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You just utter “lizard”. And the next moment I find that it is enough to make my daughter scurrying for cover shrieking chhipkali (Hindi word for the home-grown reptile).

She would grab me by my clothes pleading to get rid of what she would say “that ugly lizard” from the walls of our rooms. “No, no, I cannot put up with that nasty thing. Please do something about the problem”, she would implore stomping her shoes like a kindergarten girl.

And that persistent demand makes me wonder about how to get over this lizard menace which is an annual phenomenon. There are many of them that swarm the walls hiding behind hanging pictures, photo frames and what not.

Towards the end of May/June, tiny lizards of one-and-a-half to two inches in size would crawl all over the place. Their appearance indicates that the rains are around the corner. The wet weather gives birth to kilos of insects, winged and otherwise, who make a good meal for these creatures.

We may detest this mud-coloured lizard but nature has created them to consume those flying and other insects — a sort of scavenging process. When tiny, they are not that scary as they are when they grow into full-fledged five to six-inch lizards.

I remember a Japanese lady shrieking and rushing out of her room in a hotel in Delhi gasping for breath and pointing towards a lizard on the wall. She later quit the hotel moving to a ‘safer’ place. I don’t know whether she had another odyssey with the creepy crawly.

Pest control experts claim that they can totally eliminate them but practical experience disproves the claim. Initially these lizards, or for that matter, cockroaches and other insects do disappear following pest control treatment, though it poses a big health hazard to the inmates of the house and to the stored food items. But with the effect of the insecticide waning, they appear again. Seemingly there is no permanent way to get rid of them.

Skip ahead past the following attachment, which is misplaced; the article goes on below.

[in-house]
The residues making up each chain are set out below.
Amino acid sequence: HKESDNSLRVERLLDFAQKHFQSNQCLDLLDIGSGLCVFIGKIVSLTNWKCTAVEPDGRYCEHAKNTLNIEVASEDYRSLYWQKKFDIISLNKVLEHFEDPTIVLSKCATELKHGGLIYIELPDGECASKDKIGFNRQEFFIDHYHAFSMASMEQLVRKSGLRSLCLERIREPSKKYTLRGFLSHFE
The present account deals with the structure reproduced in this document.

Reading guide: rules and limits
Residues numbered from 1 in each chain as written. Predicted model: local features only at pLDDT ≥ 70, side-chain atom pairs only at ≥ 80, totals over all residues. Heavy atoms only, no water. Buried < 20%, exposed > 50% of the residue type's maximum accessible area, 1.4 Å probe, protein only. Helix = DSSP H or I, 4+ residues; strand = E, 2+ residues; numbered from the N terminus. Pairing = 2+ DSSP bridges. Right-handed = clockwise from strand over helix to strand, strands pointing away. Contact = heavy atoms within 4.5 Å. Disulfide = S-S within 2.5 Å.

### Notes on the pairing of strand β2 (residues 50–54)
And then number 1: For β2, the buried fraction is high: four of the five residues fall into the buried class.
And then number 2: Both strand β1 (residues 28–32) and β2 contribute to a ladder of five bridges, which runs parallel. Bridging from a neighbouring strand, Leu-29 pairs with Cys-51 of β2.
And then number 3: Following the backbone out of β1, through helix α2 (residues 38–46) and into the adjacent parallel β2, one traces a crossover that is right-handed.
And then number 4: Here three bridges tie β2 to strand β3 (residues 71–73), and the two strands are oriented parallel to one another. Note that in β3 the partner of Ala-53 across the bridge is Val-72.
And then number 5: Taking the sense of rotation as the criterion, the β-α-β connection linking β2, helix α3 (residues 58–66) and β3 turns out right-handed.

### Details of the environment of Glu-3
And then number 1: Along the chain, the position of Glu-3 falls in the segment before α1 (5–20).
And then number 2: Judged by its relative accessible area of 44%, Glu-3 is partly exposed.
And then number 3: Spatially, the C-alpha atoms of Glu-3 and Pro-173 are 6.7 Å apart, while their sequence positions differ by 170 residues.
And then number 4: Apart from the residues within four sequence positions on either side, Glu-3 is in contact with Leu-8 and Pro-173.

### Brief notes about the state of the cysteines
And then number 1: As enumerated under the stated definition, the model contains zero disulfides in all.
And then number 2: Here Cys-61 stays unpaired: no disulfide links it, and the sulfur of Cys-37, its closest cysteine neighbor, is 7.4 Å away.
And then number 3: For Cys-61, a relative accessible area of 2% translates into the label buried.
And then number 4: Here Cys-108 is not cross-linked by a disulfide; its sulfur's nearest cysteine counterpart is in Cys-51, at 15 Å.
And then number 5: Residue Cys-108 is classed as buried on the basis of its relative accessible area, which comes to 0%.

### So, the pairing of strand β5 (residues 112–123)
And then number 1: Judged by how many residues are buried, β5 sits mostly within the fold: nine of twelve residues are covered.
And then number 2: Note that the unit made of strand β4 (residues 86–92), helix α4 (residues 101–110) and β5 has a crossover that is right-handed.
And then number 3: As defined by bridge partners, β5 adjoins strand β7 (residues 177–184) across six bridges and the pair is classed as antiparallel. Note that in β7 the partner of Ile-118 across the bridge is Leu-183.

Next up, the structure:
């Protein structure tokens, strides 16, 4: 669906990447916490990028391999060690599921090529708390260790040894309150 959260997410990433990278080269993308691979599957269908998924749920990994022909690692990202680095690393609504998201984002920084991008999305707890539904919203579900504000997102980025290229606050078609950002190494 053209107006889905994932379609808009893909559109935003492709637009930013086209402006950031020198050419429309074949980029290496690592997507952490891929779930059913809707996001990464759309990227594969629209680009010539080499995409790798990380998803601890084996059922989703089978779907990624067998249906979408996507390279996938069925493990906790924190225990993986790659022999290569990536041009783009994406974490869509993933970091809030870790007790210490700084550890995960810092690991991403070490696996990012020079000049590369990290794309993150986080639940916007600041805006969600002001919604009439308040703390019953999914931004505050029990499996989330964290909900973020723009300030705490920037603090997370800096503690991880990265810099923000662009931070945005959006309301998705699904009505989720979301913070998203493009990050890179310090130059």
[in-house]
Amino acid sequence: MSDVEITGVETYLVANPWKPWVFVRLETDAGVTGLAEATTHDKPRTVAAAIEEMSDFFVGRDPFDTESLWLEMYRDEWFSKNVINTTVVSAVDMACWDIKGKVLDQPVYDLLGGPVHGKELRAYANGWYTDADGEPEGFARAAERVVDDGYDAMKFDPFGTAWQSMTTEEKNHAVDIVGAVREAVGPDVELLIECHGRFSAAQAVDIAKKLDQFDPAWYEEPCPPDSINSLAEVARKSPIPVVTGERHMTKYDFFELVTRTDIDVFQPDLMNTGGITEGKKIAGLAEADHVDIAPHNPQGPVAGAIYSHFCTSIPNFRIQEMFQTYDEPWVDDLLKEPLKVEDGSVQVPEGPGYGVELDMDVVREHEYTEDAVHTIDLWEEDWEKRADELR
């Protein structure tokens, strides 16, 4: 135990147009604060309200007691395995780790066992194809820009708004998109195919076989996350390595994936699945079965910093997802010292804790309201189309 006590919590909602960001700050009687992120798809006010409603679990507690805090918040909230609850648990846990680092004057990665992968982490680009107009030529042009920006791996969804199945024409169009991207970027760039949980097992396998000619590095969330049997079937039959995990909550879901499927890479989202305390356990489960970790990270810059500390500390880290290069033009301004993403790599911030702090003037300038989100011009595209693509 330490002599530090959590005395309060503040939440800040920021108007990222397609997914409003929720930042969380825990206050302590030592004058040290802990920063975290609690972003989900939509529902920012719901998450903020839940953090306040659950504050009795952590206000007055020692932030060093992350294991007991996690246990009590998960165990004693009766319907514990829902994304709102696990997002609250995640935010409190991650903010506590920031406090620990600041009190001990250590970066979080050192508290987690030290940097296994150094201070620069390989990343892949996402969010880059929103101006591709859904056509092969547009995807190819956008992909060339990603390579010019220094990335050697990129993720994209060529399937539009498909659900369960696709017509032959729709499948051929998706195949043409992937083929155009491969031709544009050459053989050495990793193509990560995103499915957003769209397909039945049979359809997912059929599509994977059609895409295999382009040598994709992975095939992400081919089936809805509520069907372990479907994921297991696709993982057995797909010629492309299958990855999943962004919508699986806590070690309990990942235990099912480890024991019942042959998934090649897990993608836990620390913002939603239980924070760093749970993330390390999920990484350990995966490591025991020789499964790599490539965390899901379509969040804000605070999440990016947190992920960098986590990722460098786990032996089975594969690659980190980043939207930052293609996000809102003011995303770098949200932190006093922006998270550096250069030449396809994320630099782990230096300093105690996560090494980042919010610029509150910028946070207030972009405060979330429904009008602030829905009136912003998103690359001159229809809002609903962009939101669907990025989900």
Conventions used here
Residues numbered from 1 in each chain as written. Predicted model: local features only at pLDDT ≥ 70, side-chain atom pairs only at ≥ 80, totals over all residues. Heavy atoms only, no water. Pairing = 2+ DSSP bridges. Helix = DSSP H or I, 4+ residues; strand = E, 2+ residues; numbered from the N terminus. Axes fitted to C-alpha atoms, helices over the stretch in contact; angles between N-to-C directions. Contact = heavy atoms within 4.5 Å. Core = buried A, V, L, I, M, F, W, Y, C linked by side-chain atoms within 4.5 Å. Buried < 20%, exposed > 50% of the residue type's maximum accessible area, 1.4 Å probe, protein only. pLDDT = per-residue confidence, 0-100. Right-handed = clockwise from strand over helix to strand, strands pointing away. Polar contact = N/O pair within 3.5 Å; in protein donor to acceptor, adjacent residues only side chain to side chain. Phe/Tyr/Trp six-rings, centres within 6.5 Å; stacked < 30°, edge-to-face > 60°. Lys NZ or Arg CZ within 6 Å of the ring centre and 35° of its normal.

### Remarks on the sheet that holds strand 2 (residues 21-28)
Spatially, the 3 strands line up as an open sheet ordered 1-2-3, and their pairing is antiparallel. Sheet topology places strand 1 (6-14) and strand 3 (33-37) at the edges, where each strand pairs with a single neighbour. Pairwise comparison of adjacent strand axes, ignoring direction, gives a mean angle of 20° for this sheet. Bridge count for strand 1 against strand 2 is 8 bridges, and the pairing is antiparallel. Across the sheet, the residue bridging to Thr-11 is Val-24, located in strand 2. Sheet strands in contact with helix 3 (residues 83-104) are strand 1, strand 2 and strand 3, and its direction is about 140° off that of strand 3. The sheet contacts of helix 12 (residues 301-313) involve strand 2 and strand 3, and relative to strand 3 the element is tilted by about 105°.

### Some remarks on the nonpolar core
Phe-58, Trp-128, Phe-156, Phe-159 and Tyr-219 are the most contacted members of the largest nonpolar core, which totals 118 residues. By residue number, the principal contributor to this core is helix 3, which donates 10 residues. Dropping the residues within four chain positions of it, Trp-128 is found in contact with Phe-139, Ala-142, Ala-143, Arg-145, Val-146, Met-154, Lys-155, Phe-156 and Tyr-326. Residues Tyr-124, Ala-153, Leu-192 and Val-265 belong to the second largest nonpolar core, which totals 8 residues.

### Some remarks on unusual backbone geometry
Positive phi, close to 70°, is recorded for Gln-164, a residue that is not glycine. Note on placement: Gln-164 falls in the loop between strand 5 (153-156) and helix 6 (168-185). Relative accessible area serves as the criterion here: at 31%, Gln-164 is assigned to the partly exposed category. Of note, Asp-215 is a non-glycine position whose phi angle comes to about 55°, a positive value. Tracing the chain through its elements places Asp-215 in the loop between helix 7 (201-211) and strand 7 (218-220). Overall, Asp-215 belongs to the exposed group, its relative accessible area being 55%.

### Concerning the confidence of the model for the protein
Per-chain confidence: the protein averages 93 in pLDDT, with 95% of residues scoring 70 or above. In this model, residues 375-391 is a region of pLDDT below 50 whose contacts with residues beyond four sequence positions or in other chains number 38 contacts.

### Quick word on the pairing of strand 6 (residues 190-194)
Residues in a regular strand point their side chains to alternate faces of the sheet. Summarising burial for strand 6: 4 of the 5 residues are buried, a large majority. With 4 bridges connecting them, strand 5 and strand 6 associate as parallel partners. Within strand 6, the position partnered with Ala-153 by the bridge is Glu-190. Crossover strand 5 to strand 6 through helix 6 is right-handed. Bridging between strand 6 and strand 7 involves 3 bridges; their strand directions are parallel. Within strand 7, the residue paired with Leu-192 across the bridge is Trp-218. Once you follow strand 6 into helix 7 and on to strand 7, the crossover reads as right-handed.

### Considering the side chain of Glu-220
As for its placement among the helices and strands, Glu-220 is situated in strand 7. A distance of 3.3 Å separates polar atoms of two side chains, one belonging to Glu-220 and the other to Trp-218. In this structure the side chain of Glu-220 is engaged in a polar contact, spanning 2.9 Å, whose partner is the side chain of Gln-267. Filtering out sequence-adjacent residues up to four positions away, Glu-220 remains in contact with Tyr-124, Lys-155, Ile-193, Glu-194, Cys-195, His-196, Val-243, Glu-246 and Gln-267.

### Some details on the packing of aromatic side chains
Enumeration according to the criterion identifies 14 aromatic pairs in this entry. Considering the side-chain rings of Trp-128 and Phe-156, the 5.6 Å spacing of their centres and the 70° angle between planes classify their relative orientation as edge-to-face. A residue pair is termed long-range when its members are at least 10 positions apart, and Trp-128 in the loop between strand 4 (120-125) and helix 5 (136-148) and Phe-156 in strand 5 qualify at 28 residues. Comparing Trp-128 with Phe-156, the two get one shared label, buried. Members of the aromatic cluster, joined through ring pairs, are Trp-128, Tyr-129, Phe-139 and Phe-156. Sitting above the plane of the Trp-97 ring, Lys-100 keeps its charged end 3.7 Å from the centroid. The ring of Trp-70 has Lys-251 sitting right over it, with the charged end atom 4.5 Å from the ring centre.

Appearance of lizards is a normal feature in all the places in tropical India. Over the years, we have learnt to co-exist with them. I have been watching winged and crawly creatures, moths, flying ants and other insects appearing from nowhere soon after a spell of rains, mainly below tube lights and electric bulbs. And with them come lizards roaming about with mouthful of insects digesting them all so quickly and then going on for more servings.

The hard fact is that I have lived with them right from my childhood. We were never bothered about their presence. They appeared, had their food and then hid inside their hideouts. They did not disturb or harm us in any way and we did not bother them. That is how we lived under the same roof.

No sealing them out

Rarely did we hear a lizard having fallen in a vessel containing something edible, left open by a careless housewife that might poison the food. Otherwise, both sides have respected each other’s domain.

It was just impossible to seal the doors to prevent lizards coming inside the rooms. This is just well-nigh impossible. They manage to somehow creep in even through the narrowest crevices. These reptiles do not know boundaries. You cleanse your premises of them but they would sneak in from your neighbour’s house. So for an ordinary Indian, there is no riddance from a necessary evil called the lizard.

I have been telling my daughter to learn to co-exist with them as they would continue to appear during the monsoon season to devour insects but she refuses to even look at them. Having spent a pretty long time abroad in lizard-free conditions, she just can’t stand them.

We need to live with them. There is no option. Just as we learn to live with moths, flying ants and insects, and other seasonal pests that keep hovering around electric lights.

This is not a eulogy for the domestic lizard. It is an expression of helplessness against a necessary evil.

Lalit Raizada is a journalist based in India.